The forum, which can be accessed at ruralwomen.iica.int, will provide an information- and data-sharing platform to raise awareness about the inequalities faced by these women, in a bid to pave the way for actions that guarantee equity.
San José, 4 July 2019 (IICA). The objectives of the online discussion forum, Warriors-the brainchild of the Inter-American Institute for Cooperation on Agriculture (IICA)-are to provide a platform to raise awareness; to demonstrate the pivotal role of rural women in global food production, as well as to assist in empowering them and improving their socioeconomic conditions.
The forum will facilitate the sharing of issues and data related to this group, as a means of reflecting on the situations that rural women in the Americas encounter, on a daily basis, which are hindering their personal development and that of their countries.
The initiative is available at the ruralwomen.iica.int website, where users can also access the book, Warriors, a compilation of opinions and articles on rural women that analyze data and statistics related to this population group. The texts, which were compiled by IICA, seek to illustrate the urgency of creating greater opportunities for women in the countryside.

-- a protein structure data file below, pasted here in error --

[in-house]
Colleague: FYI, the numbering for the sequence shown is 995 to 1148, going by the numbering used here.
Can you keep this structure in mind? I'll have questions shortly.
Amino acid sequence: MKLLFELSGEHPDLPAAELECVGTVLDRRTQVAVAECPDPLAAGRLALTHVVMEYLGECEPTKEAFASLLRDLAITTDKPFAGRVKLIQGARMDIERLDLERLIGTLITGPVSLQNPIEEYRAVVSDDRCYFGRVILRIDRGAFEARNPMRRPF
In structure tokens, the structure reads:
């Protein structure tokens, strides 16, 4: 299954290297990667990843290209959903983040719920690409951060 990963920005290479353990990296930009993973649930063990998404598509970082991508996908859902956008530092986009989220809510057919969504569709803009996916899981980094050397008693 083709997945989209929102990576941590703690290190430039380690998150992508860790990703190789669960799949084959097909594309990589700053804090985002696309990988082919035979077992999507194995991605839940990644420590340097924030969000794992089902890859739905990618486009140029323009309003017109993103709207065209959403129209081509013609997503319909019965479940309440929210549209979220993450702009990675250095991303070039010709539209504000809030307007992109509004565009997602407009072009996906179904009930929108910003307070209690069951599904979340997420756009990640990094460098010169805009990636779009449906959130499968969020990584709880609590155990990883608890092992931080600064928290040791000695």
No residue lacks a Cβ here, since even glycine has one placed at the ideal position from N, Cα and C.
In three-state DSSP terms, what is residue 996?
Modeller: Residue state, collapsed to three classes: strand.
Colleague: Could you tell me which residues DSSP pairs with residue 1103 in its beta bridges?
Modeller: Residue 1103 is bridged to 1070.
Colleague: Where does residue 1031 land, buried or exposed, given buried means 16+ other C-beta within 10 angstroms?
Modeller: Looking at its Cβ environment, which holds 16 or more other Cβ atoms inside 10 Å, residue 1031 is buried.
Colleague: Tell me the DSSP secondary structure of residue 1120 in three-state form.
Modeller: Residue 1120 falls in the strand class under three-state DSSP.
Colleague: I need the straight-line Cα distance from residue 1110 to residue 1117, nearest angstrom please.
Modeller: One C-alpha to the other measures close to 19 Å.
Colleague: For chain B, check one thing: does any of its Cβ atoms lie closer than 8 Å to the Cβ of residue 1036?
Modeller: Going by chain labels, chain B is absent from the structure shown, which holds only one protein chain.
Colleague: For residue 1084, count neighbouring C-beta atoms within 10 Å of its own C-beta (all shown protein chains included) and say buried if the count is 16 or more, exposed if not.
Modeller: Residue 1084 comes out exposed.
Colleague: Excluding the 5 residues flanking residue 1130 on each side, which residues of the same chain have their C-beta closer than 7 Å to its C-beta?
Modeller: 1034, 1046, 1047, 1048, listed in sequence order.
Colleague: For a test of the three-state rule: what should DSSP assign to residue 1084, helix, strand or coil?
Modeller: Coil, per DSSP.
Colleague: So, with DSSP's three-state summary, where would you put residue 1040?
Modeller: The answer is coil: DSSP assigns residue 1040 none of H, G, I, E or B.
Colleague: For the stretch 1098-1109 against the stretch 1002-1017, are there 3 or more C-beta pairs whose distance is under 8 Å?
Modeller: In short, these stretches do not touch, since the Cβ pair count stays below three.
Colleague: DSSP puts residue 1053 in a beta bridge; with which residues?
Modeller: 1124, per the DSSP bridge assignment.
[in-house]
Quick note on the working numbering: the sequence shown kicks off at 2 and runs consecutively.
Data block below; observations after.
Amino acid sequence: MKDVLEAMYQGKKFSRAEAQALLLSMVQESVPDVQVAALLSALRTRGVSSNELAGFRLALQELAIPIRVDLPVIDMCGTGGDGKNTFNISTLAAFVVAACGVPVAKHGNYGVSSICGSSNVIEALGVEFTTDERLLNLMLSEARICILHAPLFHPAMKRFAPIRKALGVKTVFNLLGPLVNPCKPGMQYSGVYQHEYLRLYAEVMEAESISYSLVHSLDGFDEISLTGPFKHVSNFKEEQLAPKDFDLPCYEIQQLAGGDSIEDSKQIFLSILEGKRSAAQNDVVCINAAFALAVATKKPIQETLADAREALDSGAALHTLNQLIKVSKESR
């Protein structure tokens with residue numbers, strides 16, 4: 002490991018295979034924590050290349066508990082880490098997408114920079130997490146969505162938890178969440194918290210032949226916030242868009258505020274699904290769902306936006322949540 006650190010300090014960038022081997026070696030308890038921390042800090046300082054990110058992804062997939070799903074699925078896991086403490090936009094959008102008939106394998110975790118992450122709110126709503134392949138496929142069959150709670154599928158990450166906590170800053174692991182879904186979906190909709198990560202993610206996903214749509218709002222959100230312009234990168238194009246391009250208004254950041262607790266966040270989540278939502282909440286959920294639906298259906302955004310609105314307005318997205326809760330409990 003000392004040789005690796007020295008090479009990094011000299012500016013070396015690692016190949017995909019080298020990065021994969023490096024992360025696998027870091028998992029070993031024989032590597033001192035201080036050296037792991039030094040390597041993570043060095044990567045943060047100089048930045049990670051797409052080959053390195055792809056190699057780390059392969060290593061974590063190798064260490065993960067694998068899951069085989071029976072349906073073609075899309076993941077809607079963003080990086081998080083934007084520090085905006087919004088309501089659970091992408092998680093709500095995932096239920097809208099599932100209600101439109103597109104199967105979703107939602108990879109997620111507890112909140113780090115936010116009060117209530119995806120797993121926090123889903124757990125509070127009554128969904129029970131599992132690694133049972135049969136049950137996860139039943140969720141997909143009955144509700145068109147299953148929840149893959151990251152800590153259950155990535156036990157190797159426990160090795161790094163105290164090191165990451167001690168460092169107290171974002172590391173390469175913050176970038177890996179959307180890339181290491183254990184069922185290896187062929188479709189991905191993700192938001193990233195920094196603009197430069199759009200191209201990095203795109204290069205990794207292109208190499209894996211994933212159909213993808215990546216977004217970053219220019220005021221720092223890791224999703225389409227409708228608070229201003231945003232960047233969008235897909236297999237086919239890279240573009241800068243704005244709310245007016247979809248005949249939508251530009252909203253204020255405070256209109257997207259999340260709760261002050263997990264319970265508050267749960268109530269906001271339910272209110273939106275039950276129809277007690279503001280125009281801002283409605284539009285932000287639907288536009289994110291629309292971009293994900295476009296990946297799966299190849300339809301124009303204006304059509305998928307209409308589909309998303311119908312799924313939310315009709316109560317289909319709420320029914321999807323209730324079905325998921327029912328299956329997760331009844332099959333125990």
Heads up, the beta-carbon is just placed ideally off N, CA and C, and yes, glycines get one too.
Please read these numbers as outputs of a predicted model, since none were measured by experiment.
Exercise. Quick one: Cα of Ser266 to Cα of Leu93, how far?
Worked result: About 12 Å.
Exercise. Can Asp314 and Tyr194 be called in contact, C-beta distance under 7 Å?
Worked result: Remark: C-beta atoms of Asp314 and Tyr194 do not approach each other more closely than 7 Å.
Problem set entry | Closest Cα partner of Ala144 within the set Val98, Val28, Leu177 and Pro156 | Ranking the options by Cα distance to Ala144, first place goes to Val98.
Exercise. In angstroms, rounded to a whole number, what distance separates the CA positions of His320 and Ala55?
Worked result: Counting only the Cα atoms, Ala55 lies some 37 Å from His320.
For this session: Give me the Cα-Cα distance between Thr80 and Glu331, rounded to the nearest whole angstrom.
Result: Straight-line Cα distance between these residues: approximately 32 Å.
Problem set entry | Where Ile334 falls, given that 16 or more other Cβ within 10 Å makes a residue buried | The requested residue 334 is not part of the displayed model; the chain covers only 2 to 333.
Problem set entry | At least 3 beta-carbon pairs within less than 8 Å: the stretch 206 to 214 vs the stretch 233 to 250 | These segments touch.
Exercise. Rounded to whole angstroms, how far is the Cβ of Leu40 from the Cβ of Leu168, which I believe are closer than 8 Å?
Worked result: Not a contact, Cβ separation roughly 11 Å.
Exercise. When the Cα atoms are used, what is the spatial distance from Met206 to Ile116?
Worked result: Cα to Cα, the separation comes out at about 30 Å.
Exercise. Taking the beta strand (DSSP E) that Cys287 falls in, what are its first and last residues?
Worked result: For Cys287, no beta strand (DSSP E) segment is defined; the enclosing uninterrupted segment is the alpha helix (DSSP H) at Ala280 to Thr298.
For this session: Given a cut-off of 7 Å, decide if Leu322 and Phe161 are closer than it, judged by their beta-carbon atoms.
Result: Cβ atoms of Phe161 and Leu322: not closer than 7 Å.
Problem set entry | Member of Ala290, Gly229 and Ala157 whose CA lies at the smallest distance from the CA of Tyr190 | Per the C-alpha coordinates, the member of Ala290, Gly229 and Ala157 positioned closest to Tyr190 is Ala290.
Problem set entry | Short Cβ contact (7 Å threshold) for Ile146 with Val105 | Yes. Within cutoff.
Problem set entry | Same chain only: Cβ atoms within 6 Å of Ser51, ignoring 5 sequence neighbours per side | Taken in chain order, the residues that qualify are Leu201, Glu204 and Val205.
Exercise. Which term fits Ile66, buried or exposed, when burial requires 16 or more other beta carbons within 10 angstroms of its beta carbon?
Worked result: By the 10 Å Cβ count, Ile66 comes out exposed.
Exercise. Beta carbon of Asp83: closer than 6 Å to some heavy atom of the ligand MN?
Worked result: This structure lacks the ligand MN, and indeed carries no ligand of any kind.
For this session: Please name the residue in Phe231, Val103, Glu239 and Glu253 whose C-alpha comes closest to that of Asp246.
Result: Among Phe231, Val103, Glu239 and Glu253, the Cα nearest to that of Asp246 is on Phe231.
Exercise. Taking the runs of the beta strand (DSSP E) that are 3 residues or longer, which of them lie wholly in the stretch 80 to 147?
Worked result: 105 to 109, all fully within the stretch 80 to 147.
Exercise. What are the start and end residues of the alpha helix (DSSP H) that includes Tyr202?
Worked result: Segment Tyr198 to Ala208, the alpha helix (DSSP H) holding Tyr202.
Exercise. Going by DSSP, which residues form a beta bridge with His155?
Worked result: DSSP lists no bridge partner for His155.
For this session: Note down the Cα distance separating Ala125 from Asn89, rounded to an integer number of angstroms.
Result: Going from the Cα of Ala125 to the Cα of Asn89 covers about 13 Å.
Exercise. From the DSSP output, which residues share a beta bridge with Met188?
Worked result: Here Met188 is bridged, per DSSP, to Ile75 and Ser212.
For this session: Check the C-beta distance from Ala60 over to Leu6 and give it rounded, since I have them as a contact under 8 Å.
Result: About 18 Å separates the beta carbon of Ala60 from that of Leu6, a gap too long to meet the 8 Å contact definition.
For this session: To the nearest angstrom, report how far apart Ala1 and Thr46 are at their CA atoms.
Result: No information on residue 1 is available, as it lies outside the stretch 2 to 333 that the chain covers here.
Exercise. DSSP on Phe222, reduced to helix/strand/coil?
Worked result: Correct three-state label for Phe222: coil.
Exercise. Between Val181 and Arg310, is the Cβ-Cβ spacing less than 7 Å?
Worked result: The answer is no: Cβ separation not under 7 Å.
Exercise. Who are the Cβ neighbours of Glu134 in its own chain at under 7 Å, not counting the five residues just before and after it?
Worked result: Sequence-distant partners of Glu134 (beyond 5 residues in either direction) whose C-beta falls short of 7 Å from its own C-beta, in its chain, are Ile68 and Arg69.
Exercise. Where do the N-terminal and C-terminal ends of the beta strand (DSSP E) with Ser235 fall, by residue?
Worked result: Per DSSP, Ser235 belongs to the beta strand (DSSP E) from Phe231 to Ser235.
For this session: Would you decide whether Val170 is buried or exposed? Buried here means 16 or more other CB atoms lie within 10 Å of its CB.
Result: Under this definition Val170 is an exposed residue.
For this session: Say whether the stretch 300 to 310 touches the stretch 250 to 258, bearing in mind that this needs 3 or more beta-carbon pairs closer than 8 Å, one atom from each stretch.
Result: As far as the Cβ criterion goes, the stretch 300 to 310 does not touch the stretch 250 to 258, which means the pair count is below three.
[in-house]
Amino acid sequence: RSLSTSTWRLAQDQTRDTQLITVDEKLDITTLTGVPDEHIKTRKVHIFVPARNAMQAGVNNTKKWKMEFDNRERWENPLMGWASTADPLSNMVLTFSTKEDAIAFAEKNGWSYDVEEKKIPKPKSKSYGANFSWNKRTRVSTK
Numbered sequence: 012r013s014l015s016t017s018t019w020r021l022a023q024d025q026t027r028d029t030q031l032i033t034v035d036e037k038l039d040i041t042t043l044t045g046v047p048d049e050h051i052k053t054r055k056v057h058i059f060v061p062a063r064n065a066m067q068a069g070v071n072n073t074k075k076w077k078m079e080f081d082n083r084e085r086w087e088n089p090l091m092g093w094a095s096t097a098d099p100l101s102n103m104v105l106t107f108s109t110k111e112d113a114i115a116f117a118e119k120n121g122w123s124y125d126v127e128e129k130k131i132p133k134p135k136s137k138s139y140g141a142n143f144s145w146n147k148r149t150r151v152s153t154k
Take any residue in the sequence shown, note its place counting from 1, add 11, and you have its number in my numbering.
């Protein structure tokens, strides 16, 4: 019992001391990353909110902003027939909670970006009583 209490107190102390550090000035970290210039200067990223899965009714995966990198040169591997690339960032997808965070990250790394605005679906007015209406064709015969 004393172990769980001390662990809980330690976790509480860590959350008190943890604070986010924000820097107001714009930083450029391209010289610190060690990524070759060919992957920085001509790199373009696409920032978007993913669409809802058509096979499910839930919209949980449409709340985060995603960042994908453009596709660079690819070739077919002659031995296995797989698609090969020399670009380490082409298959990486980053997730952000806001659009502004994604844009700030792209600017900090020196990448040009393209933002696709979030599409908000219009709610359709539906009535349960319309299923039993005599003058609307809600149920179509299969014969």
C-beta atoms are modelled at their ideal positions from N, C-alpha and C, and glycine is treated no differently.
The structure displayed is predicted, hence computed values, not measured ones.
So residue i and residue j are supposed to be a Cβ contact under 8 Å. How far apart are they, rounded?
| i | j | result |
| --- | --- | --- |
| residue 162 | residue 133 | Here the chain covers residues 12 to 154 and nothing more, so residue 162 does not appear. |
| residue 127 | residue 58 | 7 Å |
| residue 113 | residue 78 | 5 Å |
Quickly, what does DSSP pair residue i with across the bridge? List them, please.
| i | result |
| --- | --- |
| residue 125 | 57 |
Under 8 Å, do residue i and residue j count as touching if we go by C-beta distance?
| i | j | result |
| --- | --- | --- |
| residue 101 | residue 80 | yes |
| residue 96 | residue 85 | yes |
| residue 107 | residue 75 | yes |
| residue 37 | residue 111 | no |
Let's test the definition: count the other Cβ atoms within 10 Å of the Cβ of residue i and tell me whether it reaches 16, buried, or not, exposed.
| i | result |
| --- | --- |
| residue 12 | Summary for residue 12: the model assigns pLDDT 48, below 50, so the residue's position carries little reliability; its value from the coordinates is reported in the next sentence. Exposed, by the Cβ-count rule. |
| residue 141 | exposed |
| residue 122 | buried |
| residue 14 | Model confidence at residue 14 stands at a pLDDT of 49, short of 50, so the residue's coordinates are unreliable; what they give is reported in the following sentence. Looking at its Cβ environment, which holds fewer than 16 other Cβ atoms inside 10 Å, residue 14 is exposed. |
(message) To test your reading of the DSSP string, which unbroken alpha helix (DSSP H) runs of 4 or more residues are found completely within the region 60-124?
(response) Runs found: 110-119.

Director General of IICA, Manuel Otero, emphasized that, “The forum presents information to create awareness about the inequalities endured by women in the different spheres in which they are involved, thereby promoting actions that guarantee equal and equitable conditions. We are indebted to these women for their role in the production and trade of food, as well as care for the environment”.
There are 59 million women residing in rural areas in Latin America and the Caribbean, and almost 40% of them earn no income of their own. Less than one third of rural women own the land on which they live.
A study by IICA, the Food and Agriculture Organization of the United Nations (FAO), and the Economic Commission for Latin America and the Caribbean (ECLAC) indicates that in Latin America and the Caribbean, three-quarters of female-headed households are classified as inactive or in autonomous agriculture, despite the fact that in recent years the rate of female labor force participation and female headship increased in the region.
In conclusion, Otero stressed that, “The launch of this forum is in keeping with IICA’s efforts to develop more conceptual and methodological tools, as well as forums for discussion on the issue of gender and rural women. We are wholeheartedly committed to the cause of these women.
Institutional Communication Division, IICA